Ahmedabad – Part I : Bhadra Fort and Teen Darwaza

Ahmedabad, also known as Amdavad in Gujarati, is the largest city and former capital of the Indian state of Gujarat. Perched on the banks of Sabarmati River, this remarkably cosmopolitan city is rich with Muslim history and many architectural monuments. The area around Ahmedabad has been inhabited since the 11th century when it was known as Ashaval or Ashapalli. The city was founded in 1411 by Ahmed Shah, at the spot where he saw a hare chasing a dog (he was impressed by its bravery). He established Ahmedabad as the new capital of his Sultanate and built Bhadra Fort on the east bank of Sabarmati River. Square in form, enclosing an area of about forty three acres and containing 162 houses, the Bhadra fort had eight gates. The second fortification was built later by Mahmud Begada, the grandson of Ahmed Shah, with an outer wall 10km in circumference and consisting of 12 gates, 189 bastions and over 6,000 battlements. Almost 60 governors ruled Gujarat during the Mughal period including the future Mughal emperors Jagangir, Shah Jahan and Aurangzeb.

In 1732 the Maratha army under Umabaisaheb Khanderao Dabhade, the only female commander- in- chief in the history of Marathas captured the fort from Mughal Sardar Joravar Khan Babi. Ahmedabad was conquered by the British in 1817 and the fort complex was used as a jail by the British.

Bhadra fort housed the royal palaces and the beautiful Nagina Baugh and the royal Ahmed Shah’s Mosque on the west side and an open area known as Maidan-Shahi on the east side. The fort complex was used as a royal court during his reign. On the eastern side of the fort, there is a triple gateway known as Teen Darwaza which was formerly the entrance to the royal square. The road beyond this gate leads to Manek Chowk, a mercantile square.

The citadel’s architecture is Indo-Sarcenic with intricately carved arches and balconies. There are Islamic inscriptions on the arches of the Fort. The palace contains royal suites, the imperial court, halls and a prison. A palace was also built during the time of Mughal governor Azam Khan known as Azam Khan Sarai in 1637. It was used as resting place for travelers in the Mughal era and a jail during British rule. There was a gibbet on the roof of this building used for hanging during the Gujarat sultanate and the British era. It was here that Ahmed Shah hanged his son-in-law who was convicted of murder.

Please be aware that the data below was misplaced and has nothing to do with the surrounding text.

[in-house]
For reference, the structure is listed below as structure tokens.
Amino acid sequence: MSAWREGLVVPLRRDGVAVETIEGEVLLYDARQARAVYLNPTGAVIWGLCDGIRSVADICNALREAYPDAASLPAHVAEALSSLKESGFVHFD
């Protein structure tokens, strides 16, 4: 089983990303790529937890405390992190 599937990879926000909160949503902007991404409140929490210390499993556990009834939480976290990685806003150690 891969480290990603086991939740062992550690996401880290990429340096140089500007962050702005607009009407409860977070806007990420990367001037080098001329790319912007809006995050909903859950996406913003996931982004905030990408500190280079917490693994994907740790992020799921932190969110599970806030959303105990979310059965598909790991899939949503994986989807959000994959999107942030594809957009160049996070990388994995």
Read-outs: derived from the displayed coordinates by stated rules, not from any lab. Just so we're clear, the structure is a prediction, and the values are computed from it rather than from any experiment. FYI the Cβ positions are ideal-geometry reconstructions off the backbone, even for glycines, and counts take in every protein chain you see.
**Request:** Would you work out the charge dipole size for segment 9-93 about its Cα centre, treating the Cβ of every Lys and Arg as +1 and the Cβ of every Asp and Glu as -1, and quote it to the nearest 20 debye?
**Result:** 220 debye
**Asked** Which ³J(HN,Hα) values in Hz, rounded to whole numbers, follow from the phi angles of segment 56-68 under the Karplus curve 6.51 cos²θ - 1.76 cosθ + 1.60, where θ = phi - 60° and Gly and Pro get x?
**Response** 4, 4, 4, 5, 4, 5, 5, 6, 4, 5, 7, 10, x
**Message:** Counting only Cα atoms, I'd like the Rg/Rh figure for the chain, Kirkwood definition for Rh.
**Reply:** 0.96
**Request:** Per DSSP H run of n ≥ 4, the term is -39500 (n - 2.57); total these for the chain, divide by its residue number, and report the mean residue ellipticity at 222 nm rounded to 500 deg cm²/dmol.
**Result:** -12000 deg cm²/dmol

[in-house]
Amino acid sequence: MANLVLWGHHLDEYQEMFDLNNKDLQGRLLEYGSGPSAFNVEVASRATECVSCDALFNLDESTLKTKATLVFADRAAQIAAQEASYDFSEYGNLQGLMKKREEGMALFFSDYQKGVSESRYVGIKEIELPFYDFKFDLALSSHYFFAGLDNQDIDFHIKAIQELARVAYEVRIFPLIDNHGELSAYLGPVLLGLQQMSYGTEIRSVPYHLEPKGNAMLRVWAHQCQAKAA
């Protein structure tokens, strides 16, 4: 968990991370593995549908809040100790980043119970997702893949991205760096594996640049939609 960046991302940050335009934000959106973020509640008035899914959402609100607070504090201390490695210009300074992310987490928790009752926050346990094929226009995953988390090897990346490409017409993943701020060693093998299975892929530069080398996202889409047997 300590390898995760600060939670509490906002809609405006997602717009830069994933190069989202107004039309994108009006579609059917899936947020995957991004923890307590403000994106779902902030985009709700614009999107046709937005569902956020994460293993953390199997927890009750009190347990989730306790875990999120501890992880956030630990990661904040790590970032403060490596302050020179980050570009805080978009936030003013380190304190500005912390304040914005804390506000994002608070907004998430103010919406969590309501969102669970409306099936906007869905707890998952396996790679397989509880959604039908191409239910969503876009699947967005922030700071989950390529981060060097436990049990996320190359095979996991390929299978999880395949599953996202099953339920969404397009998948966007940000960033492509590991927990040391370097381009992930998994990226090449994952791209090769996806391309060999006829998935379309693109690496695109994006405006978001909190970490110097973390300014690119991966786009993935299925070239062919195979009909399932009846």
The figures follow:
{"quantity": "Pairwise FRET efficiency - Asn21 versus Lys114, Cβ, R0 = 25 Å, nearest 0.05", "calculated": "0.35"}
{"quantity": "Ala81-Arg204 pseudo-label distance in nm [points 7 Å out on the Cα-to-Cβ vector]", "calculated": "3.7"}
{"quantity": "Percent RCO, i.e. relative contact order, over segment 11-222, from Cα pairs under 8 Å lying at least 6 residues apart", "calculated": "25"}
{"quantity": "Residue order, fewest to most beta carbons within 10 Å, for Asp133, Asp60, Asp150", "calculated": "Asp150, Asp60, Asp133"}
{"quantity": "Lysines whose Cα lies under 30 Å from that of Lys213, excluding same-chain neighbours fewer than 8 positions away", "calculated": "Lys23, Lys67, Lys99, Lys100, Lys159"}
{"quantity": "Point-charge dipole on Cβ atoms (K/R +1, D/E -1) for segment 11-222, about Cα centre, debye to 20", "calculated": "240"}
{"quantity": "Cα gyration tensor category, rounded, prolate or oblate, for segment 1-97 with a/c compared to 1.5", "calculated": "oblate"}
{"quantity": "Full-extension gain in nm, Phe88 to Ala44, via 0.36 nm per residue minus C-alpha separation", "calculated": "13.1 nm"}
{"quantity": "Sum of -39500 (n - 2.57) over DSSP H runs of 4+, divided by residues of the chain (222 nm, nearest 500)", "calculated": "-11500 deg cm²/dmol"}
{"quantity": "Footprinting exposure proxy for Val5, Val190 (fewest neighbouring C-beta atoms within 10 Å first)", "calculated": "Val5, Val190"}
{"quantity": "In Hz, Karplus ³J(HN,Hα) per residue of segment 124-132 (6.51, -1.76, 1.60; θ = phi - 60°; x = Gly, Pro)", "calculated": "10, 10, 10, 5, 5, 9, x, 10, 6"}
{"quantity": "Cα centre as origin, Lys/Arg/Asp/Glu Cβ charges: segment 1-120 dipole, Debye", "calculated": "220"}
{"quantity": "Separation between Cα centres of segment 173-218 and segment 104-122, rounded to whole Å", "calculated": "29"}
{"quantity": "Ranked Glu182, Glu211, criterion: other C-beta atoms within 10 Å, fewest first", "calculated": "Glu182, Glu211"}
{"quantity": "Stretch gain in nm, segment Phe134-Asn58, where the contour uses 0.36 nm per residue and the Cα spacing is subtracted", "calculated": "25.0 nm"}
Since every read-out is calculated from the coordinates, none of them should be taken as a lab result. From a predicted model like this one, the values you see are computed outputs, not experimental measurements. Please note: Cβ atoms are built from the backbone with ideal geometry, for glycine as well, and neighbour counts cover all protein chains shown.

Bhadra Fort
Bhadra Fort
Bhadra Fort - entrance
Bhadra Fort – entrance
The arches
The arches
Inscription in Arabic on the fort walls
Inscription in Arabic on the fort walls
The fort entrance from inside
The fort entrance from inside
Bhadra fort
Bhadra fort
Bhadra Fort - View from top of the western bastion
Bhadra Fort – View from top of the western bastion
At the top of the fort, where once the gibbet used to be
At the top of the fort, where once the gibbet used to be
At the top of the Bhadra fort
At the top of the Bhadra fort
View of the busy market from the tope of the fort
View of the busy market from the top of the fort
View of the busy market from the tope of the fort
View of the busy market from the top of the fort
The Teen Darwaza
The Teen Darwaza

A room in the north wing of Azam Khan Sarai was turned into a temple of Bhadra Kali during Maratha rule. The legend is that years ago Laxmi, the goddess of wealth, came to the gate of Bhadra Fort to leave the city in the night. Watchman Siddique Kotwal stopped her and identified her. He asked her not to leave the fort until he obtained permission from the king. He beheaded himself in order to keep goddess Laxmi in the city. Another version is that he was beheaded by the Sultan in order to prevent the goddess from leaving the city. It resulted in the prosperity of the city. There is a tomb near Bhadra gate dedicated to Siddique Kotwal and a temple to Bhadra Kali, representing Laxmi. A lamp in one of the holes in Teen Darwaza is lit continuously for more than six hundred years by a Muslim family and is dedicated to Laxmi.

The façade of the Azam Khan Sarai
The façade of the Azam Khan Sarai
The façade of the Azam Khan Sarai - detail
The façade of the Azam Khan Sarai – detail
One of the balconies of Azam Khan Sarai
One of the balconies of Azam Khan Sarai
The Bhadra Kali Temple
The Bhadra Kali Temple
In front of the temple
In front of the temple
Around the temple
Around the temple
Around the temple
Around the temple
The tomb of Kotwal is inside this door. The locks which you see on the door are placed by the people who visited this place for the fulfilment of their wish
The tomb of Kotwal is inside this door. The locks which you see on the door are placed by the people who visited this place for the fulfilment of their wish

When Mahmud Begada expanded and fortified the city there were eighteen darwazas or gates to the city, fifteen large gates and three small ones. Of the fifteen gates, one was closed and three were added later. Each of these gates had beautiful carvings, calligraphy and some of them even balconies. Each of these entrances to the city has unique names like Delhi Gate, Sarangpur Gate, Raipur Gate etc. The area surrounding these gates has adopted the name of the gate as the name of the locality. There were two gates constructed during the British time, after opening of railways connecting Bombay in 1864 to facilitate the movement of public. They are known as Prem Darwaja and Panchkuva gate. Panchkuva gate was built in 1871 for easy access to the railway station. This gate consists three pointed arches, the central one 18 feet wide and 28 feet high and each side gateway measuring 7 feet wide and 19 feet high.

Delhi Darwaza, one of the gates of the city
Delhi Darwaza, one of the gates of the city
The Panchkuva gate, built by the British
The Panchkuva gate, built by the British
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